Depositors pay the price: Examining losses amid Lebanon's loan repayment chaos

News Bulletin Reports
2023-05-22 | 08:54
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Depositors pay the price: Examining losses amid Lebanon's loan repayment chaos
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Depositors pay the price: Examining losses amid Lebanon's loan repayment chaos

Before the crisis, banks used to grant citizens loans in US dollars at a rate of LBP 1,507. Citizens could repay their loans in cash, by check, or through bank transfers.

After the crisis, citizens continued to repay their loans in dollars, not cash or fresh dollars. Instead, they used bank checks known as "Lollar" or in Lebanese lira at LBP 1,507 per dollar.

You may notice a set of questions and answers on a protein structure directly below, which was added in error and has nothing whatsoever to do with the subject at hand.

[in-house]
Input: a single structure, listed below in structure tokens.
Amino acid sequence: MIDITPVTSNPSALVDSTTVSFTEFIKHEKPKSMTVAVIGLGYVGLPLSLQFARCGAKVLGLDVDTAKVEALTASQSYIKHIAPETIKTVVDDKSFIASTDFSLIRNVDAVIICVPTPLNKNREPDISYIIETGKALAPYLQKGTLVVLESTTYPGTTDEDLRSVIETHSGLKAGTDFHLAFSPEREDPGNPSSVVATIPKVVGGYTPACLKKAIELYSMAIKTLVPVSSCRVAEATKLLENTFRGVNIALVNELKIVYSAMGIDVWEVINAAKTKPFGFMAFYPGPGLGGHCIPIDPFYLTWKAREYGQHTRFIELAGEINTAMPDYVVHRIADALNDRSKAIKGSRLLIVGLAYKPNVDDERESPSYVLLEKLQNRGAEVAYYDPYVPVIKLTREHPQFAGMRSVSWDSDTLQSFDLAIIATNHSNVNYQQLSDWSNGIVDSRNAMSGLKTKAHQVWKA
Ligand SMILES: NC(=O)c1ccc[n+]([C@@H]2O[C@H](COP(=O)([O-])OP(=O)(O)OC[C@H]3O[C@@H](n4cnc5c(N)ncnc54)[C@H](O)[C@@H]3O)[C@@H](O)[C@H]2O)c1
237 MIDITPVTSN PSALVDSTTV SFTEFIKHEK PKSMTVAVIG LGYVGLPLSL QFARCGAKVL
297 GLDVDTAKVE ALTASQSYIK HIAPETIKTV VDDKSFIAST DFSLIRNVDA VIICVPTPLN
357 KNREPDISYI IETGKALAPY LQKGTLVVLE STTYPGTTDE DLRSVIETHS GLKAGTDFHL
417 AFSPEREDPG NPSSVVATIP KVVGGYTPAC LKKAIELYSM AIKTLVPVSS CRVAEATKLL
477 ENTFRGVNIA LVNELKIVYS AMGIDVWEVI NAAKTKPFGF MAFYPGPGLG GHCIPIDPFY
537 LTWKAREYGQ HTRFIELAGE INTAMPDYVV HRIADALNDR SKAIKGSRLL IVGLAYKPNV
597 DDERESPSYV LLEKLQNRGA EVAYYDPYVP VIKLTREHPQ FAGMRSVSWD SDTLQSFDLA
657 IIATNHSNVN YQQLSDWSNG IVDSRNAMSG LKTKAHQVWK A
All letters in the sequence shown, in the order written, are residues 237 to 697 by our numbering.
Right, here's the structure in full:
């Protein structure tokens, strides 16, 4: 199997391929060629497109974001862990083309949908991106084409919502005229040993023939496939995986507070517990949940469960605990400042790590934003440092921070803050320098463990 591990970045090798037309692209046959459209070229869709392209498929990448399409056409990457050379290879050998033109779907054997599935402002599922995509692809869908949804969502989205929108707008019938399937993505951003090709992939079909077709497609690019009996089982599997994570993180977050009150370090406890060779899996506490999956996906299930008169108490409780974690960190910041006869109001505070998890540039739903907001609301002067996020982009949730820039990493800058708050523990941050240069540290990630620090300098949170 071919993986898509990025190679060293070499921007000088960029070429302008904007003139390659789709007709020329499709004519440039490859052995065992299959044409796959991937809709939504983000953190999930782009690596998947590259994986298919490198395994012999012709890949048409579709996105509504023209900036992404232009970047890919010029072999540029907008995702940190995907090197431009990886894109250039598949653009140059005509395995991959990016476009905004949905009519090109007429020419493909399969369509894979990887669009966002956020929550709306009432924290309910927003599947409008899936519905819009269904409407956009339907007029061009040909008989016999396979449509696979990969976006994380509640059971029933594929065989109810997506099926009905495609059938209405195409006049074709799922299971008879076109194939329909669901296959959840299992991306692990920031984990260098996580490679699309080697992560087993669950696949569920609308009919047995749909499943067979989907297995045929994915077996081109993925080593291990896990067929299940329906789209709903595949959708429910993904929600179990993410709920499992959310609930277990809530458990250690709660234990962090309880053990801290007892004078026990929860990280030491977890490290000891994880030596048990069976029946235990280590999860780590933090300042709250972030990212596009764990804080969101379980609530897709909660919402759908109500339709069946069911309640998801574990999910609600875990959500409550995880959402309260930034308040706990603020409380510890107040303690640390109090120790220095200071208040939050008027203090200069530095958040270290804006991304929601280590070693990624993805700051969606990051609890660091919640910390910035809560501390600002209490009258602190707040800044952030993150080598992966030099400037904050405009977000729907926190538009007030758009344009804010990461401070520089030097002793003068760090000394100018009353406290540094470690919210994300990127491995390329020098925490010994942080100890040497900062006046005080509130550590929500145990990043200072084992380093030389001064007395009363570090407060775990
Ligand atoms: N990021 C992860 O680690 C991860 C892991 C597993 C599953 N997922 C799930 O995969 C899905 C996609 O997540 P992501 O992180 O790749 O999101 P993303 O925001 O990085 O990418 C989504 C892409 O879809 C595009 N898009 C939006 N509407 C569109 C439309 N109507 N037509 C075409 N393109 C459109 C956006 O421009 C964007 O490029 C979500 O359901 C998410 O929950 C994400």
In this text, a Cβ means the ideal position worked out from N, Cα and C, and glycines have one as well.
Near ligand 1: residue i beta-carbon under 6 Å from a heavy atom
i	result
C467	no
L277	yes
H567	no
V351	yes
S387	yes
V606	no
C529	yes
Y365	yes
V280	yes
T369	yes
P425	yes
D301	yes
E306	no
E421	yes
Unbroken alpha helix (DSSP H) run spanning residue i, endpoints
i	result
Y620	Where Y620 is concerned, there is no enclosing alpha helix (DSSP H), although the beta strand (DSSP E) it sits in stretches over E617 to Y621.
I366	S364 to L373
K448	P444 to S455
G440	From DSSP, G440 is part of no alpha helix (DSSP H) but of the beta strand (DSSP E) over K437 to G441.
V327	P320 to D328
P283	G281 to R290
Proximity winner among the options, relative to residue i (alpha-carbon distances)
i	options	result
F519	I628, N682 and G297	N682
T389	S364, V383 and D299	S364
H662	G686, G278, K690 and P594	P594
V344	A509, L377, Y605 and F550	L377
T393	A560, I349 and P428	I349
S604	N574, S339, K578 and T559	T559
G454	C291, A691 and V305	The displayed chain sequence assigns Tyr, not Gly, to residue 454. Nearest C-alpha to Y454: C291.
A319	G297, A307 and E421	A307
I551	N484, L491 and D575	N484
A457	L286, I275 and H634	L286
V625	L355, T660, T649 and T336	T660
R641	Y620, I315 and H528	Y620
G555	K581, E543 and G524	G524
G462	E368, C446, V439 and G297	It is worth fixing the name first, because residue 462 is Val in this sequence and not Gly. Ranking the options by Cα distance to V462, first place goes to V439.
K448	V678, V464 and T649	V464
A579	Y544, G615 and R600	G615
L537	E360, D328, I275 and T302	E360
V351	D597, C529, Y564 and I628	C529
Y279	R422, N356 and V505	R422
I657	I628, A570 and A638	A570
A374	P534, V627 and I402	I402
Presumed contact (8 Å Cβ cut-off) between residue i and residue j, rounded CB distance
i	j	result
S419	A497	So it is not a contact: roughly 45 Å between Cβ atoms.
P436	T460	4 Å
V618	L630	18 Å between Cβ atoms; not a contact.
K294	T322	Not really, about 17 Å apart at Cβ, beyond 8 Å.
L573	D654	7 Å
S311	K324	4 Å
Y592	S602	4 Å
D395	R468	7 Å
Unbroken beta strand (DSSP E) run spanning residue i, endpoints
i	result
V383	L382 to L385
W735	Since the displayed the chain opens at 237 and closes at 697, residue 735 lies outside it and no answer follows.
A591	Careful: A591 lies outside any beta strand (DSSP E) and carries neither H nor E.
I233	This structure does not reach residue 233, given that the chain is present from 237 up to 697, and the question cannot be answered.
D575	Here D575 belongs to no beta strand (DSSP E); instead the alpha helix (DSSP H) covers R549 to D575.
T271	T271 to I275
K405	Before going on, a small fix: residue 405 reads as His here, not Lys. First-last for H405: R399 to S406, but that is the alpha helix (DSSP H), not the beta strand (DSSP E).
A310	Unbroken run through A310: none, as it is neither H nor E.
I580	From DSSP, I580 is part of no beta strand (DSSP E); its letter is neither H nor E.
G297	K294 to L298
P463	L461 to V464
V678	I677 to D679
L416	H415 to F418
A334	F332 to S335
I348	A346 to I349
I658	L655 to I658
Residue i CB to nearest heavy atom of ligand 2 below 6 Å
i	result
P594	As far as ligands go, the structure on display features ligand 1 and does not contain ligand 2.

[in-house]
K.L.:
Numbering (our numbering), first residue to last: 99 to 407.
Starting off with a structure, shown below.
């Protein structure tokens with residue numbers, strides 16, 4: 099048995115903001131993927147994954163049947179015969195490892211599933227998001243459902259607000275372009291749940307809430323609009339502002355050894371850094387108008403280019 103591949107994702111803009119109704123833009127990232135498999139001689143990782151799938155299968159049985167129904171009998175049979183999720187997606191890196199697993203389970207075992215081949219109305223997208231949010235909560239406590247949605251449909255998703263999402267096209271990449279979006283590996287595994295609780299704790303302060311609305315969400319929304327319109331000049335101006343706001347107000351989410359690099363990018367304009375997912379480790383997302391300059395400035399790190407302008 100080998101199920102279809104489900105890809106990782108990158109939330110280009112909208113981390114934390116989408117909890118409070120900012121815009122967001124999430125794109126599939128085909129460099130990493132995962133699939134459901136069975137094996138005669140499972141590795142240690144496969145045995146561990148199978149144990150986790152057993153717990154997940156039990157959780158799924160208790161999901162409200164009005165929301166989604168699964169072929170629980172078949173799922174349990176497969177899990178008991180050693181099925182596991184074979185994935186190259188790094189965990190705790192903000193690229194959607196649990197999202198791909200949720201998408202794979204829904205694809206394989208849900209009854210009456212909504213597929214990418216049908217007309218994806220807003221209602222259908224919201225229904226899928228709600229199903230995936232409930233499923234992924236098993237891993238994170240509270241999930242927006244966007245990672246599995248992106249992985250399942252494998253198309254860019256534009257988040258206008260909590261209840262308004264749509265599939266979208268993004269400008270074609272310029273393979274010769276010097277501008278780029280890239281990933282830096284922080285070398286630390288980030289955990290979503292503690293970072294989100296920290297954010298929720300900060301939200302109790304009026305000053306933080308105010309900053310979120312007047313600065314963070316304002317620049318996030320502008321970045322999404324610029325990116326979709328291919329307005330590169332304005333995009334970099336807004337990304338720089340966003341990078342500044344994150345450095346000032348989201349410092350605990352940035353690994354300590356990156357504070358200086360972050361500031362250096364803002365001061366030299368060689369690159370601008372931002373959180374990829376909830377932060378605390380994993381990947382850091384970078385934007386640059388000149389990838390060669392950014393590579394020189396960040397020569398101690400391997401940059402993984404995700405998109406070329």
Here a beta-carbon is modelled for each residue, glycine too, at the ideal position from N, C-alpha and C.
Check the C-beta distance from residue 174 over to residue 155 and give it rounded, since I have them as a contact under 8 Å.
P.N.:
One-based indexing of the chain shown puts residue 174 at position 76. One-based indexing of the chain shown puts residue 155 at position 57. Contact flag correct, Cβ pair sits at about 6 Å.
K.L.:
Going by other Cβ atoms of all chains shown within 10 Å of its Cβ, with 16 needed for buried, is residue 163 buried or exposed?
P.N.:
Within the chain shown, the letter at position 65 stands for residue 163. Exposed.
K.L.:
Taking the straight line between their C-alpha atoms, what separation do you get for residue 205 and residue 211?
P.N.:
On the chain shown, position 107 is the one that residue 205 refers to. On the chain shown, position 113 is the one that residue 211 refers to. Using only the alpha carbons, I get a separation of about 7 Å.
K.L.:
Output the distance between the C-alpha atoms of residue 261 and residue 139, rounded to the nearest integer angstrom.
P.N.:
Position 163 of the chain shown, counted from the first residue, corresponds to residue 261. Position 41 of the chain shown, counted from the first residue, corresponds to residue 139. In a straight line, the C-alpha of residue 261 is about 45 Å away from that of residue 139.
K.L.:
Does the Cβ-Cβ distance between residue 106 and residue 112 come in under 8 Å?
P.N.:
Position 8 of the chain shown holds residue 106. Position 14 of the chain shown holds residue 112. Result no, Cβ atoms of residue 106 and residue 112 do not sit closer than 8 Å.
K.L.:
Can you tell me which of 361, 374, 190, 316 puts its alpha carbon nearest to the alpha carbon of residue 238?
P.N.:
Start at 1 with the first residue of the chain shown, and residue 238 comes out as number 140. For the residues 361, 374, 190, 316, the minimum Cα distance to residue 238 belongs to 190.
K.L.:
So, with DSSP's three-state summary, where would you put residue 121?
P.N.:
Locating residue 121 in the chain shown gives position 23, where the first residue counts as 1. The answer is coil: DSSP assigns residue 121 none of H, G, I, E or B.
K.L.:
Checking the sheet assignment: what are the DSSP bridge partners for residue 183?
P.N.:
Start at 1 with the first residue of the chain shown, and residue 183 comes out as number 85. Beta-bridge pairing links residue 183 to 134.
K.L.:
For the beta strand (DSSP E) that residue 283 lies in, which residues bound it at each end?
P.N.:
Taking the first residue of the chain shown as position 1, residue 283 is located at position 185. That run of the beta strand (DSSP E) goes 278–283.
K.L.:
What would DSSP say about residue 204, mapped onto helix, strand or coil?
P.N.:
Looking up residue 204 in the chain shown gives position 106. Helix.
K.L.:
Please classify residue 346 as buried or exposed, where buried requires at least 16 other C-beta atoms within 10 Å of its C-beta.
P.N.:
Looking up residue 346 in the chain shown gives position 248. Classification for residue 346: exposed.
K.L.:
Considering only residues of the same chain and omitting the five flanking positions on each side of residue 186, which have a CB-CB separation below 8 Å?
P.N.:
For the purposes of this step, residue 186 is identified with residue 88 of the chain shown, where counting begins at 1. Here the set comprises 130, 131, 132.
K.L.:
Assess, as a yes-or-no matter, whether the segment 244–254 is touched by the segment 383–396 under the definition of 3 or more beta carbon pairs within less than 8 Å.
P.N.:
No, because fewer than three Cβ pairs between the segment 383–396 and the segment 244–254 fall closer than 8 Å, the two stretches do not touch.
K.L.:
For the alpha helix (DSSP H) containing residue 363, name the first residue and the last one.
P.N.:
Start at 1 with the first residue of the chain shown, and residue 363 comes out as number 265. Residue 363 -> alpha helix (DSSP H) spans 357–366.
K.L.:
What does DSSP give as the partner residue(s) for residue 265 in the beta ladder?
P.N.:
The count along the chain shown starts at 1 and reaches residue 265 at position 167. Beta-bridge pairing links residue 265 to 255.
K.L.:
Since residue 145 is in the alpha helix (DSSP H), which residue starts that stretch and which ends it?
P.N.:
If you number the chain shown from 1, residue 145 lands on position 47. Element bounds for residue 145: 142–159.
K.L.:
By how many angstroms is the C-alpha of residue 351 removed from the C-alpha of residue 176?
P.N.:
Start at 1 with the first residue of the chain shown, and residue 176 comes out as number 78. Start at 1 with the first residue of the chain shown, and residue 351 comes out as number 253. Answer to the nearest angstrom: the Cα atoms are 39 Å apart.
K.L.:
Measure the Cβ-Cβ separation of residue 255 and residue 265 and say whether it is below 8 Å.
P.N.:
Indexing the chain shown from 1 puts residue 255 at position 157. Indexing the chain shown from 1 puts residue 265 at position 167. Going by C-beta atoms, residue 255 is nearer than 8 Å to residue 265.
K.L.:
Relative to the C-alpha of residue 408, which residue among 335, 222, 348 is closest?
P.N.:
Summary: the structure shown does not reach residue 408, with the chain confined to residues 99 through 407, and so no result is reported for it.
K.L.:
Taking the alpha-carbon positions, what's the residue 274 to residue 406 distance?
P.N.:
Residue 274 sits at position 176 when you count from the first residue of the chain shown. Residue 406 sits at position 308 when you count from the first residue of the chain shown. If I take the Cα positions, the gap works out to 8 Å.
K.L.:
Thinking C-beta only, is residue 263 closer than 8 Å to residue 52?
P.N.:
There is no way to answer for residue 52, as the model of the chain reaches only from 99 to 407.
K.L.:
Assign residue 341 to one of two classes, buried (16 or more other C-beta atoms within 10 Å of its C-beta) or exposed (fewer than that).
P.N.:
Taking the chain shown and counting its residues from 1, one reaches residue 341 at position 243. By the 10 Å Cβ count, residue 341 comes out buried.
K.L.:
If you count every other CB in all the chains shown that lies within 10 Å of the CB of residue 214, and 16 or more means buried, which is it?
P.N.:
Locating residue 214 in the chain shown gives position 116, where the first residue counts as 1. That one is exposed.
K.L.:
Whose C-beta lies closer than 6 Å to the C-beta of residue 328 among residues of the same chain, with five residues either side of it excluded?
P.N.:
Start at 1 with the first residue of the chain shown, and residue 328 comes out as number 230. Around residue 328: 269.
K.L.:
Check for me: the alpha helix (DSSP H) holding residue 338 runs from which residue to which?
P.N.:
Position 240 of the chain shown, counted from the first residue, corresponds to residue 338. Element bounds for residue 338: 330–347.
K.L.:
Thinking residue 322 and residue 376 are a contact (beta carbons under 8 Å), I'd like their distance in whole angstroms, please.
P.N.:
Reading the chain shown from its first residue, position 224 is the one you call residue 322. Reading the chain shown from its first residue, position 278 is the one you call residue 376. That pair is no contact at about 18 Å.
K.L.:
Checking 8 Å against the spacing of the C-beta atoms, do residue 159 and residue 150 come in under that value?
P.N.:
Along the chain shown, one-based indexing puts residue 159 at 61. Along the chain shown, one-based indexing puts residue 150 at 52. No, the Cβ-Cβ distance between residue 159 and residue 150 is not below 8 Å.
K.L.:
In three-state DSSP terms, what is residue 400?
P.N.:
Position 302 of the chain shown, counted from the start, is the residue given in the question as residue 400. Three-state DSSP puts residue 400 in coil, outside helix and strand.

However, the exchange rate exceeded this rate, leading to payment methods causing losses for banks and depositors.

According to the Association of Banks, $51 billion of depositors' funds were lost after October 17, 2019, due to loan repayments following the mentioned method and the depletion of reserves. Banks deposited all of these funds in the central bank.

As of October 15, 2019, total private sector loans in dollars amounted to over $38 billion, and by the end of March 2023, these loans had decreased to approximately $9 billion. 

This means that $29 billion of depositors' funds were repaid either in Lebanese lira at a rate of LBP 1,507.5 per dollar or in "Lollars," as banks were compelled by the authorities to accept repayment in this method due to their failure to take necessary legislative and regulatory measures to protect depositors' funds.

Fadi Khalaf, the Secretary-General of the Association of Banks, said, "today, borrowers have become wealthy, while depositors have become poor."

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